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Cynthia Whiteman stands next to a hero themed quilt made by the nonprofit Love In Stitches in the lobby of the First Interstate Bank Tuesday on Main Street. The quilt is being raffled to benefit Relay For Life. Whiteman is the vice president of Love In Stitches.Cynthia Whiteman stands next to a hero themed quilt made by the nonprofit Love In Stitches in the lobby of the First Interstate Bank Tuesday on Main Street. The quilt is being raffled to benefit Relay For Life. Whiteman is the vice president of Love In Stitches.

Nonprofit providing warmth in cold places

SHERIDAN — Warmth, comfort and relaxation are feelings commonly associated with a blanket but to a child, it can mean much more.

To a little person wrapped in a big quilt there is often a sense of security, like being enveloped in a hug.

Many children develop attachments to their belongings, “security blankets” in particular, but what if circumstances beyond their control remove them from their homes, from their sense of security or from their belongings?

A nonprofit organization in Sheridan is using their hands to warm others’ hearts with one-of-a-kind quilts, many of which are donated to the Child Advocacy Services of the Big Horns.

Love in Stitches was started by Cynthia Whiteman and Penny Covalt in February of last year and was just recently awarded their 501(c)3 status.

Covalt was previously involved with Project Linus, a national organization that provides homemade blankets to children in need, particularly critically ill children.

The only chapter in Wyoming is in Cheyenne and she was interested in bringing the cause to Sheridan, but the group was not looking to add new chapters at the time.

Whiteman was a long-time quilting hobbyist. Her mother made quilts when she was young and she took up the family hobby when she became a mother herself.

Covalt approached Whiteman about the cause and the duo decided to start their own organization.

The ladies have been making quilts and donating them to various charities with the majority of the cost for the quilts coming out of their own pockets.

Now, as a registered charitable organization, they can begin to accept donations and with that hope to expand their services.

In February, the newly official group decided to make a quilt for each of the children graduating from the Head Start preschool in the spring.

The largest single donation the team has made, 36 quilts were made for the 5-year-olds leaving the state-funded school.

“We’re hoping to start doing that annually now that we know we can handle it,” Whiteman said, “but we don’t want to take away from the other places we’re supporting either.”

To date the CASBH has received a majority of their creations and Visitation and Exchange Coordinator Hesid Brandov-Ysrael said much of the time the quilts go to children who have nothing.

“Some kids are allowed to or have time to pack-up their own items before leaving their home, but some kids leave with nothing,” she said. “For a child to have their own quilt is really something special.”

Brandov-Ysrael said many of the quilts end up going to foster children who have been removed from their home.

“A lot of our kids are younger so they cannot really express gratitude,” she said, “but the smiles on their faces when they receive the quilt says it all.”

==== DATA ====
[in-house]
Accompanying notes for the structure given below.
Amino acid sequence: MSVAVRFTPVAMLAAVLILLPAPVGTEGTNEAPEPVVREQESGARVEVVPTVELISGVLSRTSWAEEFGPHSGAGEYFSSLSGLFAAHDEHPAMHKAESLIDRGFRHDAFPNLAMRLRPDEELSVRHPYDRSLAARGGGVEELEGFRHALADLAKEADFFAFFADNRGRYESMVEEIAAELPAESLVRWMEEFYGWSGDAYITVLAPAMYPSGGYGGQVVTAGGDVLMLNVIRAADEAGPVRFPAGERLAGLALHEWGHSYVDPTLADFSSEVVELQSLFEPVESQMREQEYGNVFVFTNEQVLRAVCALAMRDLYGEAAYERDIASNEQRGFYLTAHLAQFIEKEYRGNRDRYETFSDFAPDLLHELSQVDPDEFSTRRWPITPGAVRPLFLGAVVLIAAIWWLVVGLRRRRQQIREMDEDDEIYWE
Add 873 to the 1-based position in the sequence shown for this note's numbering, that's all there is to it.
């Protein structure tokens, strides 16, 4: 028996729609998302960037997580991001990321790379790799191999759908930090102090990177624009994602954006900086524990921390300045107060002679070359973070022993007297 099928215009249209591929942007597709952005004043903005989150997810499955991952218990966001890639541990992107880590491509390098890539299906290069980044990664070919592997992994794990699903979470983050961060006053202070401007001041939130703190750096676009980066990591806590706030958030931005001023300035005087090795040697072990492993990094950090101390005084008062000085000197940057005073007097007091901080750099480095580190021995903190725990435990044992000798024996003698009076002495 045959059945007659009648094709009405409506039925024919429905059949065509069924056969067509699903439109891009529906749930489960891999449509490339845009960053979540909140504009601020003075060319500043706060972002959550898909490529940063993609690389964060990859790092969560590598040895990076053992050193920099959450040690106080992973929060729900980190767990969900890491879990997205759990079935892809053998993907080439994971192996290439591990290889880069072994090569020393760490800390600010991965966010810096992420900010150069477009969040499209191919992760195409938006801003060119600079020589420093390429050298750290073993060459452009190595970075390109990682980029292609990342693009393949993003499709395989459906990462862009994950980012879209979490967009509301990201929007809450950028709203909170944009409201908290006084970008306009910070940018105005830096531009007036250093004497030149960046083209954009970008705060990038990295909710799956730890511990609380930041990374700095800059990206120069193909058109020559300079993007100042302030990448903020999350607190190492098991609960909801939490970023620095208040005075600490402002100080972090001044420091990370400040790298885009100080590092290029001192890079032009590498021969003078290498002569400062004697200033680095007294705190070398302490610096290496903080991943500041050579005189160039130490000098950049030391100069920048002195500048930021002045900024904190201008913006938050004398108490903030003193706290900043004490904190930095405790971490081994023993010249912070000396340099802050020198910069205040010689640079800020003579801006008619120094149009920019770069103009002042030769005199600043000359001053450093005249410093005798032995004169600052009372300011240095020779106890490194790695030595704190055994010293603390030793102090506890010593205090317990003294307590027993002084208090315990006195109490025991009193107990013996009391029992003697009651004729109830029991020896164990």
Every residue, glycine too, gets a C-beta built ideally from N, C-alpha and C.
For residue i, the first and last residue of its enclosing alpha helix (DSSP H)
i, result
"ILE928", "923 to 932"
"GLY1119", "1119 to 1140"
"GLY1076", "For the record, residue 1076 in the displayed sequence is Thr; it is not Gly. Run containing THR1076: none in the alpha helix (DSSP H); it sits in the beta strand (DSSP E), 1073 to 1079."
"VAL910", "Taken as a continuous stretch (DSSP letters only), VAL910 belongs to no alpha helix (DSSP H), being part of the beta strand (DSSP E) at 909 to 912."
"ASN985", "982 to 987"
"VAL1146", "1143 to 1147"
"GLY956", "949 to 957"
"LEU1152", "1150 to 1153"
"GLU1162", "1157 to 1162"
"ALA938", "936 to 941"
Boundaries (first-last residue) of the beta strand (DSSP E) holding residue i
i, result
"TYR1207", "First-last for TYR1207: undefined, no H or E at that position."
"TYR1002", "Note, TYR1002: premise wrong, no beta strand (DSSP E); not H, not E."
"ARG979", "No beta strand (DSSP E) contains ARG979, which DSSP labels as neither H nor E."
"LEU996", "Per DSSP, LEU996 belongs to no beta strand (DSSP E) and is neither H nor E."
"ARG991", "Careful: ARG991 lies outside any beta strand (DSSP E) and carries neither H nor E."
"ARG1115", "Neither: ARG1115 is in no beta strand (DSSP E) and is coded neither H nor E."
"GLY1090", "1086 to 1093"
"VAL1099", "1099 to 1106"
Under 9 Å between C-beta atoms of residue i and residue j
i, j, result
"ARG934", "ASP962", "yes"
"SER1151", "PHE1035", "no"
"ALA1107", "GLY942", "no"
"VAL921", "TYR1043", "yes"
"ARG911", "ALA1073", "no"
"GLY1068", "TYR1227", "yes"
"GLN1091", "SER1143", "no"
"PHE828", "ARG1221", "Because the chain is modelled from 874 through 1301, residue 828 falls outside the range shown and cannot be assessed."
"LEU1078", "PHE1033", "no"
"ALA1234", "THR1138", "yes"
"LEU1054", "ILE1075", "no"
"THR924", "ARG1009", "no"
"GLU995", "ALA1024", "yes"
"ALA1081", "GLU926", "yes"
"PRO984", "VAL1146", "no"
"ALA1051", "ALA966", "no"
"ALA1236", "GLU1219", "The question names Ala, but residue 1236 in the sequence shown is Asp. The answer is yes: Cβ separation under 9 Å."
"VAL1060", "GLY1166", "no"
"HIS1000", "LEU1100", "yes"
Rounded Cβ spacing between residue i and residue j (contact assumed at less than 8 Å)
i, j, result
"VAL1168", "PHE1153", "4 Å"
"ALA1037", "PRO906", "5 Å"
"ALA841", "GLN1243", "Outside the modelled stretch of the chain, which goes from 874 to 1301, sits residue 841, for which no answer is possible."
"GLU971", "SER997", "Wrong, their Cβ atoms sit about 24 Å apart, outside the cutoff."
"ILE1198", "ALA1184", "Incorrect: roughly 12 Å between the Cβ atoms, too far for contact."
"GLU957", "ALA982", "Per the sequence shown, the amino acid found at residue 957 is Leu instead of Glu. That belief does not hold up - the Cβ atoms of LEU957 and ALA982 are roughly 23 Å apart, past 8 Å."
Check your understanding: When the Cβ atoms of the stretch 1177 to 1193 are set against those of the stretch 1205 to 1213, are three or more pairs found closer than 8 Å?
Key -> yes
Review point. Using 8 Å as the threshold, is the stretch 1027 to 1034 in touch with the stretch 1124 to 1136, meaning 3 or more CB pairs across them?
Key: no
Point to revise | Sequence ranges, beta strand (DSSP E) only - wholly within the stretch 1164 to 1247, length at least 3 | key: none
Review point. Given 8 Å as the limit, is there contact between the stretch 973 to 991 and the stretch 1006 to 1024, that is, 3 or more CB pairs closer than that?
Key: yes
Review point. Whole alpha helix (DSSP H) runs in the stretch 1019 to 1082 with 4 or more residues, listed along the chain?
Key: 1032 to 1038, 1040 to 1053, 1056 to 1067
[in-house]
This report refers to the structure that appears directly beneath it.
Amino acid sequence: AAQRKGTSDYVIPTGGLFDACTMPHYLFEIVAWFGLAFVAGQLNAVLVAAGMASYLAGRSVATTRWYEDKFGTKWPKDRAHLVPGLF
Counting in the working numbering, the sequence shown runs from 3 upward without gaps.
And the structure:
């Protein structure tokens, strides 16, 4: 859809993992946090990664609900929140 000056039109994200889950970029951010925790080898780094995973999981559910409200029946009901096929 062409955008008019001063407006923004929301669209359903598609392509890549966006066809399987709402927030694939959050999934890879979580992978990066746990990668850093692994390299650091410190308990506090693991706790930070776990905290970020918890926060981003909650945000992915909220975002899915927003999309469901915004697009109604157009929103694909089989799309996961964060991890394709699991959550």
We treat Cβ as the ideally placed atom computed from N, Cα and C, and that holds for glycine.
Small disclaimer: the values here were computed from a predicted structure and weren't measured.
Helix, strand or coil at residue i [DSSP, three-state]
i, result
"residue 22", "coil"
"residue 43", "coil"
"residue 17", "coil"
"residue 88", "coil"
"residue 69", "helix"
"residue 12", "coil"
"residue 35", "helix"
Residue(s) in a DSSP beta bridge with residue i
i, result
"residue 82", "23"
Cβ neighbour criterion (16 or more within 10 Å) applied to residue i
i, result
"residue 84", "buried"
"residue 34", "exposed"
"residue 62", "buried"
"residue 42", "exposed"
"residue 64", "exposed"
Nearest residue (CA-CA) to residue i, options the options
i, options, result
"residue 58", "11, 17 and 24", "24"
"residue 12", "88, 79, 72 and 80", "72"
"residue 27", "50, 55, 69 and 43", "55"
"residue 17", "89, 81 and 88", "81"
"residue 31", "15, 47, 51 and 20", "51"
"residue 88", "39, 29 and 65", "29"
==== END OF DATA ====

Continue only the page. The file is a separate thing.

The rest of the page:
Though Whiteman said roughly 60 percent of their quilts went to CASBH last year, she was quick to add that sometimes adults need a nice blanket too.

“One of the lenders at First Interstate Bank approached us and said she had a customer whose house flooded and they had to get out quickly and lost everything so we made them some quilts,” she said. “Children are really the basis of our group but we want to help all people in need.”

Love in Stitches has a goal of crafting 100 quilts this year, even though the group only consists of four official members.

Covalt’s mother quilts for the team but lives five hours away and sends the blankets back to Sheridan whenever her daughter comes to visit.

The fourth member, Irene Stevens, knew she wanted to help the cause but didn’t know one important thing: how to sew.

“Irene didn’t even know how to thread the sewing machine but after just a couple days of reviewing patterns and things with me, she started,” Whiteman said. “It’s not something that is really hard to learn, it just takes patience and a creative mind.”

The group meets monthly at Sunrise General Assembly Church to set goals and log completed quilts for donation, but Whiteman added that quilters who wish to help without becoming an official member are welcome to donate their creations to Love in Stitches to be placed in a needing home.

And for those who do not want to put needle to cloth, the team always needs people to help with the other aspects including cutting fabric and ironing — jobs currently being done by the women’s teenage children.

Other than helping hands, Whiteman says the biggest current need of the group is supplies.

“Fabric is not cheap,” she said. “Quilts have to be made with a certain type of fabric so some of what we’ve received couldn’t be used but we don’t like to be wasteful, so we use that and all of our scraps to make pet beds and donate them to the Dog and Cat Shelter.”

Pending the receipt of more supplies and crafty people, Whiteman says the next step for Love in Stitches is to expand blanket coverage to the children’s wing of Sheridan Memorial Hospital.

“Sometimes kids need a warm hug in a cold place, so to have a blanket for the kids in the CASA program, the court system or the hospital… sometimes just having a security blanket that they can take with them wherever they go is the key,” she said. “It feels good to get it done, see it and know it will be somewhere it will be appreciated.”


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